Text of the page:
Insurance giants and startups alike are using blockchain technology to prevent insurance fraud, track medical records, file claims, and more.
Insurance has been around for centuries. As early as a thousand years ago, Chinese merchant seafarers were pooling together their wares in collective funds that would help pay for the damages of any individual’s capsized ship.
While technology has permanently changed entire industries over the past decade, in many ways, the multi-trillion-dollar global insurance industry is still stuck in the past with little innovation made in the customer experience.
Despite the rise of online brokers, many consumers still call insurance brokers by phone to purchase new policies. Policies are often processed on paper contracts, which means claims and payments are error-prone and often require human supervision. Compounding this is the inherent complexity of insurance, which involves consumers, brokers, insurers, and reinsurers, as well as insurance’s main product — risk.
Each step in this collaborative process represents a potential point of failure in the overall system, where information can be lost, policies misinterpreted, and settlement times lengthened.
Enter blockchain technology, a cryptographically-secured form of shared record-keeping.
While blockchain technology has been subject to waves of extreme hype often centered around cryptocurrencies like Bitcoin, its true killer applications are likely to be in some of the most antiquated fields out there. It could be a transformative force for industries like insurance, which require the coordination and cooperation of many different intermediaries with different incentives.
Of course, getting there will be no mean feat. Insurance companies and startups working with blockchain technology will have to overcome significant regulatory and legal hurdles before we see anything resembling industry-wide disruption. Skeptics point out that there are serious obstacles for blockchain technology in an industry that has been slow to embrace even cloud computing.
But the possibilities are abundant, and insurance companies and startups alike are experimenting with insurance applications for the technology at full throttle.
These applications include:
- Fraud detection & risk prevention: By moving insurance claims onto an immutable ledger, blockchain technology can help eliminate common sources of fraud in the insurance industry.
- Property & casualty (P&C) insurance: A shared ledger and insurance policies executed through smart contracts can bring an order of magnitude improvement in efficiency to property and casualty insurance.
- Health insurance: With blockchain technology, medical records can be cryptographically secured and shared between health providers, increasing interoperability in the health insurance ecosystem.
- Reinsurance: By securing reinsurance contracts on the blockchain through smart contracts, blockchain technology can simplify the flow of information and payments between insurers and reinsurers.
- Life insurance: Blockchain technology can take the burden of filing a death claim away from family members by replacing the manual process of filing claims with an automated system built on a blockchain ledger.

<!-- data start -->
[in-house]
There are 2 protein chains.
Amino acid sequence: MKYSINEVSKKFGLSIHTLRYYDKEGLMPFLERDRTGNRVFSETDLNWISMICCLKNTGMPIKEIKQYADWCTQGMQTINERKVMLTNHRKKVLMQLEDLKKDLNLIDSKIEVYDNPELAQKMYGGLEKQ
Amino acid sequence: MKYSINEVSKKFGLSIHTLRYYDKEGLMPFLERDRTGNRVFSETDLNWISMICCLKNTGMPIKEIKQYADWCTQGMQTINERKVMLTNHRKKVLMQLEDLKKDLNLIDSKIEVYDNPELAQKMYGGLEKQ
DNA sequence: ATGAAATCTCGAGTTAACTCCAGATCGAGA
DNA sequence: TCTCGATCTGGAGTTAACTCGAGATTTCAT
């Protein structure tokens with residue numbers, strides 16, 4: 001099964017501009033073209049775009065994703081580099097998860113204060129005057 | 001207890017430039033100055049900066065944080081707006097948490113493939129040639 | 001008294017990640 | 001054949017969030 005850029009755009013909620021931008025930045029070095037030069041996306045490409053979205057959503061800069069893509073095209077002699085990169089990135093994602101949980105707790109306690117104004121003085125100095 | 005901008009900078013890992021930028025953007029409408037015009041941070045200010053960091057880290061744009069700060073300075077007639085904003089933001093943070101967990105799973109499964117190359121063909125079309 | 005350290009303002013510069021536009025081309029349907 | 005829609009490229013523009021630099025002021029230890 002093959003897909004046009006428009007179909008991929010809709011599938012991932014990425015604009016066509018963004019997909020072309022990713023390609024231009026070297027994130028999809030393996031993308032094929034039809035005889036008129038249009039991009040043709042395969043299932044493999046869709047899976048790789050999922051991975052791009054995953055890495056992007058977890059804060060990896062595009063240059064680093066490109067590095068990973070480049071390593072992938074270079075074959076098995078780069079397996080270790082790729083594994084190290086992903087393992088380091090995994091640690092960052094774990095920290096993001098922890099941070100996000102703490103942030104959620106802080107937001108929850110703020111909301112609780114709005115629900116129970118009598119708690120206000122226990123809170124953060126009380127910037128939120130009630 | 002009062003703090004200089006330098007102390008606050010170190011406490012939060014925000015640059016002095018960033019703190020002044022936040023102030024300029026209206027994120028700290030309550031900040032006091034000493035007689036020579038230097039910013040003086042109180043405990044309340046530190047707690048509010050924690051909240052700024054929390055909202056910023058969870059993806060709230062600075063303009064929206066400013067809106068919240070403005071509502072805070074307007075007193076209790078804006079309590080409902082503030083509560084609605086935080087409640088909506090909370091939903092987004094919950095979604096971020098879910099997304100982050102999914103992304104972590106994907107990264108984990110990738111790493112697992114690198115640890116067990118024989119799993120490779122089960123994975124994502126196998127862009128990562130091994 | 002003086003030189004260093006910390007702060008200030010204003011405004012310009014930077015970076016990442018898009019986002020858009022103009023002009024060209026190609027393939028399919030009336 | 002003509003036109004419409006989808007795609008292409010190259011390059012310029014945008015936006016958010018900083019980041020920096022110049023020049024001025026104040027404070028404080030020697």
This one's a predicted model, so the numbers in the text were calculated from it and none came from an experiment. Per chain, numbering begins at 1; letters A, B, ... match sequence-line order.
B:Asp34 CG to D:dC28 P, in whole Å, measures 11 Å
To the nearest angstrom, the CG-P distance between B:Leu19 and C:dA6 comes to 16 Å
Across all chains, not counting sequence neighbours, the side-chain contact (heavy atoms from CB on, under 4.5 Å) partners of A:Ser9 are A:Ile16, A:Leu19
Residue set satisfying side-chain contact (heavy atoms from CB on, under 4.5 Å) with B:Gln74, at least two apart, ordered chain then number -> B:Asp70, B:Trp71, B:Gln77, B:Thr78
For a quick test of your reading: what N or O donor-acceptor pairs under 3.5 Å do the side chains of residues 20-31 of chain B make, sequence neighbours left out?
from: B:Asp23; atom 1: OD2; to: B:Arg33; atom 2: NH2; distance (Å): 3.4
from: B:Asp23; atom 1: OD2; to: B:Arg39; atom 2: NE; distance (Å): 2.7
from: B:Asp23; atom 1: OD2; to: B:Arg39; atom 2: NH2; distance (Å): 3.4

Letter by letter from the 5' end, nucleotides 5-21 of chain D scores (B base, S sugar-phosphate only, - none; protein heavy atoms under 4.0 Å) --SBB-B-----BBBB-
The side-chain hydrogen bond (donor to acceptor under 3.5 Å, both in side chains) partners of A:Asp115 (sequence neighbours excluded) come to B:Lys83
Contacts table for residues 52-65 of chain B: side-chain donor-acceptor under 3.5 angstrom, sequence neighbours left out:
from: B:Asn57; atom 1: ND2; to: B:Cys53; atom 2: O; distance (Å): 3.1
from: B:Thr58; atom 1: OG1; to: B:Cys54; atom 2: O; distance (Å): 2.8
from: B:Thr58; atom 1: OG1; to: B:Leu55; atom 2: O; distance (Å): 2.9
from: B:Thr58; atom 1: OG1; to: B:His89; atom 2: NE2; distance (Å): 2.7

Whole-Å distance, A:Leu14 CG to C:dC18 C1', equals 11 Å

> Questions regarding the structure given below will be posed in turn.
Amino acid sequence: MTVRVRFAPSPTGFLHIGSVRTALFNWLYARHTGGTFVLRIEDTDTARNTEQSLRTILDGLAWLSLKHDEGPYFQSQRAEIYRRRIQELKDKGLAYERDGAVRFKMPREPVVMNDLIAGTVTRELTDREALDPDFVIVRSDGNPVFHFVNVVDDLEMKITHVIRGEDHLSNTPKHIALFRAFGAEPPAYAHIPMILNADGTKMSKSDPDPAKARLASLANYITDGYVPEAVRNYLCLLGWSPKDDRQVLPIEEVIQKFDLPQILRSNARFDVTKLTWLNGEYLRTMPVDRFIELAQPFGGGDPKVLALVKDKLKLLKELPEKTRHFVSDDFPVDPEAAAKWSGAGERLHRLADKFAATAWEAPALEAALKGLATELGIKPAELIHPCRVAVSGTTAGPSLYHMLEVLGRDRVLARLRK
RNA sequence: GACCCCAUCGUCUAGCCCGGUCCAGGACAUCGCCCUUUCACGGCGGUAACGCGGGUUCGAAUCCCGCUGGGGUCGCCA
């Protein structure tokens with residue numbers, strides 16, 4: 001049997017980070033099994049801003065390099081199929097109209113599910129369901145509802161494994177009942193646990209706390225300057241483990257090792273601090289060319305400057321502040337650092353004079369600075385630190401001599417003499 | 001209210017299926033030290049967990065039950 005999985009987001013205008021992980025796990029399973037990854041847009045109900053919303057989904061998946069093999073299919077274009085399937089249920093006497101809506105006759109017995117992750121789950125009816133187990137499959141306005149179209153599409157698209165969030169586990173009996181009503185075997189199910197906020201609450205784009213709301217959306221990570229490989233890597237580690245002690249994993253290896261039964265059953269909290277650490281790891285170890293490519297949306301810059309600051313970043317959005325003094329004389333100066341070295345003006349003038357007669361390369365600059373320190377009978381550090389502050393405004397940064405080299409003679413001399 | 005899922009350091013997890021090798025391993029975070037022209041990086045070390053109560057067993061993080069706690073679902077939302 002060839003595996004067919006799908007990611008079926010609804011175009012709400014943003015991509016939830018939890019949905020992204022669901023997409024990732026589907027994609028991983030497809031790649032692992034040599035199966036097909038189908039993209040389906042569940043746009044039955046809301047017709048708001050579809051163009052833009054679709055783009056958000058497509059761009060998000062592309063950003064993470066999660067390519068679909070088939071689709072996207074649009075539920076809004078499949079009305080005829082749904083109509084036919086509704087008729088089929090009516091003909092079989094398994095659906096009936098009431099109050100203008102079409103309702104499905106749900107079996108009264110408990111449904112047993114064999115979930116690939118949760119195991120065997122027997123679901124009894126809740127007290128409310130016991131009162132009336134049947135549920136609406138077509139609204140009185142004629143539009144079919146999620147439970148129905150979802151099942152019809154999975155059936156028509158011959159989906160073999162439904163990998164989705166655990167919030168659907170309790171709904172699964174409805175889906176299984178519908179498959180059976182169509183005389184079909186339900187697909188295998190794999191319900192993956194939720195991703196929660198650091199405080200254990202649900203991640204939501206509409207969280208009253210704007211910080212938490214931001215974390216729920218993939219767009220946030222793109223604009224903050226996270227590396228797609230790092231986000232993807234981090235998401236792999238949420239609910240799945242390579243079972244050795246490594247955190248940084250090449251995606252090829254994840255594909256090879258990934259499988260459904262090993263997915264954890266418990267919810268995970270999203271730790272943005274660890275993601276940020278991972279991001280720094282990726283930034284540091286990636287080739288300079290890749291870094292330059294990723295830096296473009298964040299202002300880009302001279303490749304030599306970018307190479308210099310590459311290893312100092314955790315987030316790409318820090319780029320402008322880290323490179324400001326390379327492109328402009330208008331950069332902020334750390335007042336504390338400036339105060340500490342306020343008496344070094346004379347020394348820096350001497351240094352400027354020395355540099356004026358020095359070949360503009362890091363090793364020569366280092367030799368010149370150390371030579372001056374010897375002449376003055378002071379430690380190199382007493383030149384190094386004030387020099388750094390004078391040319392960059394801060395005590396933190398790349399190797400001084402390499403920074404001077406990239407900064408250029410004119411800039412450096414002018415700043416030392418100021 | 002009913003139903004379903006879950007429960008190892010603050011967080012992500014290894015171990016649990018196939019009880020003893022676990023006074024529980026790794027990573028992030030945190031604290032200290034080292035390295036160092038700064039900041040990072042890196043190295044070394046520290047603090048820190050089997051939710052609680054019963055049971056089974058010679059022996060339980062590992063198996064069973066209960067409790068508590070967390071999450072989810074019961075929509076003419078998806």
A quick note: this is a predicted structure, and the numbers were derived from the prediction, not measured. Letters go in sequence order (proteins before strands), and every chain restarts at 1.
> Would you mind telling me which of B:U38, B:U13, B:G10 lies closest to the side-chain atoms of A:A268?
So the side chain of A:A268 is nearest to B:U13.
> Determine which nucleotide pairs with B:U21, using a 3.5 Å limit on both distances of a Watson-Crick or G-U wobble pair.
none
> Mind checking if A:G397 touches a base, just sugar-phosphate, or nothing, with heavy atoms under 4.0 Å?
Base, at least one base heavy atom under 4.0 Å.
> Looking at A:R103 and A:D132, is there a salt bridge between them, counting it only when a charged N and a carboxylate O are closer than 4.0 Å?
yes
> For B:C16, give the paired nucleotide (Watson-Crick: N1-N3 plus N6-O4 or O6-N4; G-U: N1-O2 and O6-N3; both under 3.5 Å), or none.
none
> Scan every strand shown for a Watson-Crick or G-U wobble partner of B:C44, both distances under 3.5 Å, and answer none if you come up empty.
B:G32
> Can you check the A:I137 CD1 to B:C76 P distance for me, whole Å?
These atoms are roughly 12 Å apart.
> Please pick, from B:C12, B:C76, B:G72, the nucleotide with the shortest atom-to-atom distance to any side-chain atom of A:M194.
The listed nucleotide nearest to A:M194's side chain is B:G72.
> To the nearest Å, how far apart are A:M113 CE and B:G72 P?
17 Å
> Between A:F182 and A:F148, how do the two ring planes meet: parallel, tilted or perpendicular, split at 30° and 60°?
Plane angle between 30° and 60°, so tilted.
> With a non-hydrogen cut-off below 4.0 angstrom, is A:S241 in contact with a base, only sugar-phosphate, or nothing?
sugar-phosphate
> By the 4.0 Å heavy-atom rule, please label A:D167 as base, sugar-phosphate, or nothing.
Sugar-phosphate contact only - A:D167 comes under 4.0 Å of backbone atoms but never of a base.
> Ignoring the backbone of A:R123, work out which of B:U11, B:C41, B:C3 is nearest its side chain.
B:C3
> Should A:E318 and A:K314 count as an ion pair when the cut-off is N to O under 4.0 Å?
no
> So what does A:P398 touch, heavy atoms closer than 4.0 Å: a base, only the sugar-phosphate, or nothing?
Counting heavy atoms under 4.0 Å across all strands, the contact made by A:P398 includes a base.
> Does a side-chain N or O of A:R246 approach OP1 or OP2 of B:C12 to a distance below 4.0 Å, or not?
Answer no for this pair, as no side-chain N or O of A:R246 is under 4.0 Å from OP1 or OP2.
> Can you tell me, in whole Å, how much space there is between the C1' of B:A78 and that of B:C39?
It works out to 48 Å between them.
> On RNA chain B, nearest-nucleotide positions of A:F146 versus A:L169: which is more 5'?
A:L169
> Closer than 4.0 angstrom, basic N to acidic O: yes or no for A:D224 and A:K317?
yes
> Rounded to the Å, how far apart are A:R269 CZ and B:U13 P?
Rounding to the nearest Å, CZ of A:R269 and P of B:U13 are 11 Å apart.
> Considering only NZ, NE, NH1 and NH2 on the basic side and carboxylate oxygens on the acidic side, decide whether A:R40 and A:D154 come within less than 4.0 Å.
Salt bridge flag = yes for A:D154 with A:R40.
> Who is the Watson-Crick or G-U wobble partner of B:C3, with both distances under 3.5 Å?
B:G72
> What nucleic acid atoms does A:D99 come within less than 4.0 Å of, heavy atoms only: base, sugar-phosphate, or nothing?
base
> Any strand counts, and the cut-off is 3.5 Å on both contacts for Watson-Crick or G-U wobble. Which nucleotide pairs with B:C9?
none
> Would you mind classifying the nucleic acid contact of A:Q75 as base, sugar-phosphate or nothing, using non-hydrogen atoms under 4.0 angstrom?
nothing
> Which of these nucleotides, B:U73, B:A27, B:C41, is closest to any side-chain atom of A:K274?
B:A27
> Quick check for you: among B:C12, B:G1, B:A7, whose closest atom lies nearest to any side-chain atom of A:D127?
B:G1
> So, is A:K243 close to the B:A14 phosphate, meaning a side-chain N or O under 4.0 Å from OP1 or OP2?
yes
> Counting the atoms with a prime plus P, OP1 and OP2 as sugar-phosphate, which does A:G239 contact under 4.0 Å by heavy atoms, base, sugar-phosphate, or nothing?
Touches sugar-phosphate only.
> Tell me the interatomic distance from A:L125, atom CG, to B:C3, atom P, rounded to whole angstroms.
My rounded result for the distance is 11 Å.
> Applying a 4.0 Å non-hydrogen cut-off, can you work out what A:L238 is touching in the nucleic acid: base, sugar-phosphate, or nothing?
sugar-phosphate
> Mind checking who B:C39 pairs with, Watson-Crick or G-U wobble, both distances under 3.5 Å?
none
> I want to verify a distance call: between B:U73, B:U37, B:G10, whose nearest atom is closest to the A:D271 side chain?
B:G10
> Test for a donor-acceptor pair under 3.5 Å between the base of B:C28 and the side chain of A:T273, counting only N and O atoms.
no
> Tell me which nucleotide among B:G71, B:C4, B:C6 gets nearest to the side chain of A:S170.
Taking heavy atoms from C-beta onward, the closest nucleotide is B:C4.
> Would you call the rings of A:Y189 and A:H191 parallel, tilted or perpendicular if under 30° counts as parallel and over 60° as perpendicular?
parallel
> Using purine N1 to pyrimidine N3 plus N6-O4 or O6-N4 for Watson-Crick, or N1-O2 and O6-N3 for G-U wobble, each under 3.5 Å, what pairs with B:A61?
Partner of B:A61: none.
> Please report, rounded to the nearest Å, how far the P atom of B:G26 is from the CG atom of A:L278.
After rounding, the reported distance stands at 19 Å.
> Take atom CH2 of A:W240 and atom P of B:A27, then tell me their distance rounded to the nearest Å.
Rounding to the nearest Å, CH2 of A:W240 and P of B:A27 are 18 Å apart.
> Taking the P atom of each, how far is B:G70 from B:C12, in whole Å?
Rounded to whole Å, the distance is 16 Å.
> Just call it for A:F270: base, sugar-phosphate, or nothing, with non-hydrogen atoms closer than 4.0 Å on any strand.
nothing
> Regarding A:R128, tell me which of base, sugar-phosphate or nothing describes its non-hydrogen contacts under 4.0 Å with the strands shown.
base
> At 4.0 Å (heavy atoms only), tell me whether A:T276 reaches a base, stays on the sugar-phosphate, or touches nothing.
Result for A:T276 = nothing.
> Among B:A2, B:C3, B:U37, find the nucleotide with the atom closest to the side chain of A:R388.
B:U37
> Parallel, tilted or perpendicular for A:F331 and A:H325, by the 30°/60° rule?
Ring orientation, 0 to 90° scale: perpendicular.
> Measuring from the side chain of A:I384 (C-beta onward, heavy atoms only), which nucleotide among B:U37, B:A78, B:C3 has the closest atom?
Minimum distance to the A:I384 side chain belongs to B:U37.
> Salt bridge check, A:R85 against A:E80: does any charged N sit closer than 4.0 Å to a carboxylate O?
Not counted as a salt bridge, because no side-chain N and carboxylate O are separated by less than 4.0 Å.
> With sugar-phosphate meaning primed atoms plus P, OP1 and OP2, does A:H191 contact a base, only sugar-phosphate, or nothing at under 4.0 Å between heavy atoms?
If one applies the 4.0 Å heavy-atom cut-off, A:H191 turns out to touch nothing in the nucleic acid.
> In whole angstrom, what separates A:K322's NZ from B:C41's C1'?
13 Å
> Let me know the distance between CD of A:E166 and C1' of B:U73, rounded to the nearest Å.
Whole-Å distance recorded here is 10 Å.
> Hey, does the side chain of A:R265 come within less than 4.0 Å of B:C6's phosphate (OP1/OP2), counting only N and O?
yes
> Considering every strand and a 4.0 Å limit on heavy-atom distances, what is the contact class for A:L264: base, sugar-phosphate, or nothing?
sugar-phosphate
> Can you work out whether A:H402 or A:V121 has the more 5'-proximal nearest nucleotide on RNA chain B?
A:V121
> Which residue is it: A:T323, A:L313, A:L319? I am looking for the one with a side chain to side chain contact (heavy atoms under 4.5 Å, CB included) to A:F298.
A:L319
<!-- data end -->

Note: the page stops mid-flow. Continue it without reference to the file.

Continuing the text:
Read on for a deep dive into how blockchain technology is disrupting the insurance industry.
See how blockchain is transforming other industries in our report on the 58 industries blockchain could disrupt.
Table of contents
- Fraud detection & risk prevention
- P&C insurance
- Health insurance
- Life insurance
- Moving towards a blockchain-powered insurance industry
1. Fraud detection and risk prevention
Key takeaways — fraud detection using blockchain technology
- Insurance fraud costs more than $40B a year and is difficult to detect using standard methods.
- Blockchain’s shared ledger technology can move fraud detection forward by consolidating claims data across insurers.
- By facilitating better data sharing, blockchain technology can save insurers the expense of paying for public and subscription data to prevent fraud.
Fraud detection today
The total cost of insurance fraud (not counting health insurance) in the US is estimated to be more than $40B a year, according to the FBI.
This isn’t just a problem for the insurance companies losing money — insurance fraud costs the average US family anywhere between $400 and $700 in the form of increased premiums.
The sheer complexity of the modern insurance industry creates gaps in visibility that can be exploited to perpetrate fraud. Claims are shuffled from insurees to insurers and reinsurers in a slow, paperwork-driven process that has many moving parts. This creates opportunities for criminals to make multiple claims across different insurers for a single loss.
Fraud detection using blockchain technology
Blockchain technology can enable better coordination between insurers to combat fraud.
On a distributed ledger, insurers could record permanent transactions, with granular access controls to protect data security. Storing claims information on a shared ledger would help insurers collaborate and identify suspicious behavior across the ecosystem.
Today, major insurers invest in data gathered from the public domain and from private companies in order to better predict and analyze fraudulent activities. Public data can be used to identify patterns of fraudulent behavior from previous transactions, but it’s often inconsistent due to the difficulty of sharing sensitive information between different organizations. Developing industry-wide fraud prevention is crippled by the constraints around sharing personally identifiable information — such as name, address, and date of birth.
Introducing blockchain technology to stop fraud would take an enormous level of coordination among insurers, but could be hugely beneficial in the long run.
A proposed counter-fraud blockchain implementation. Source: IBM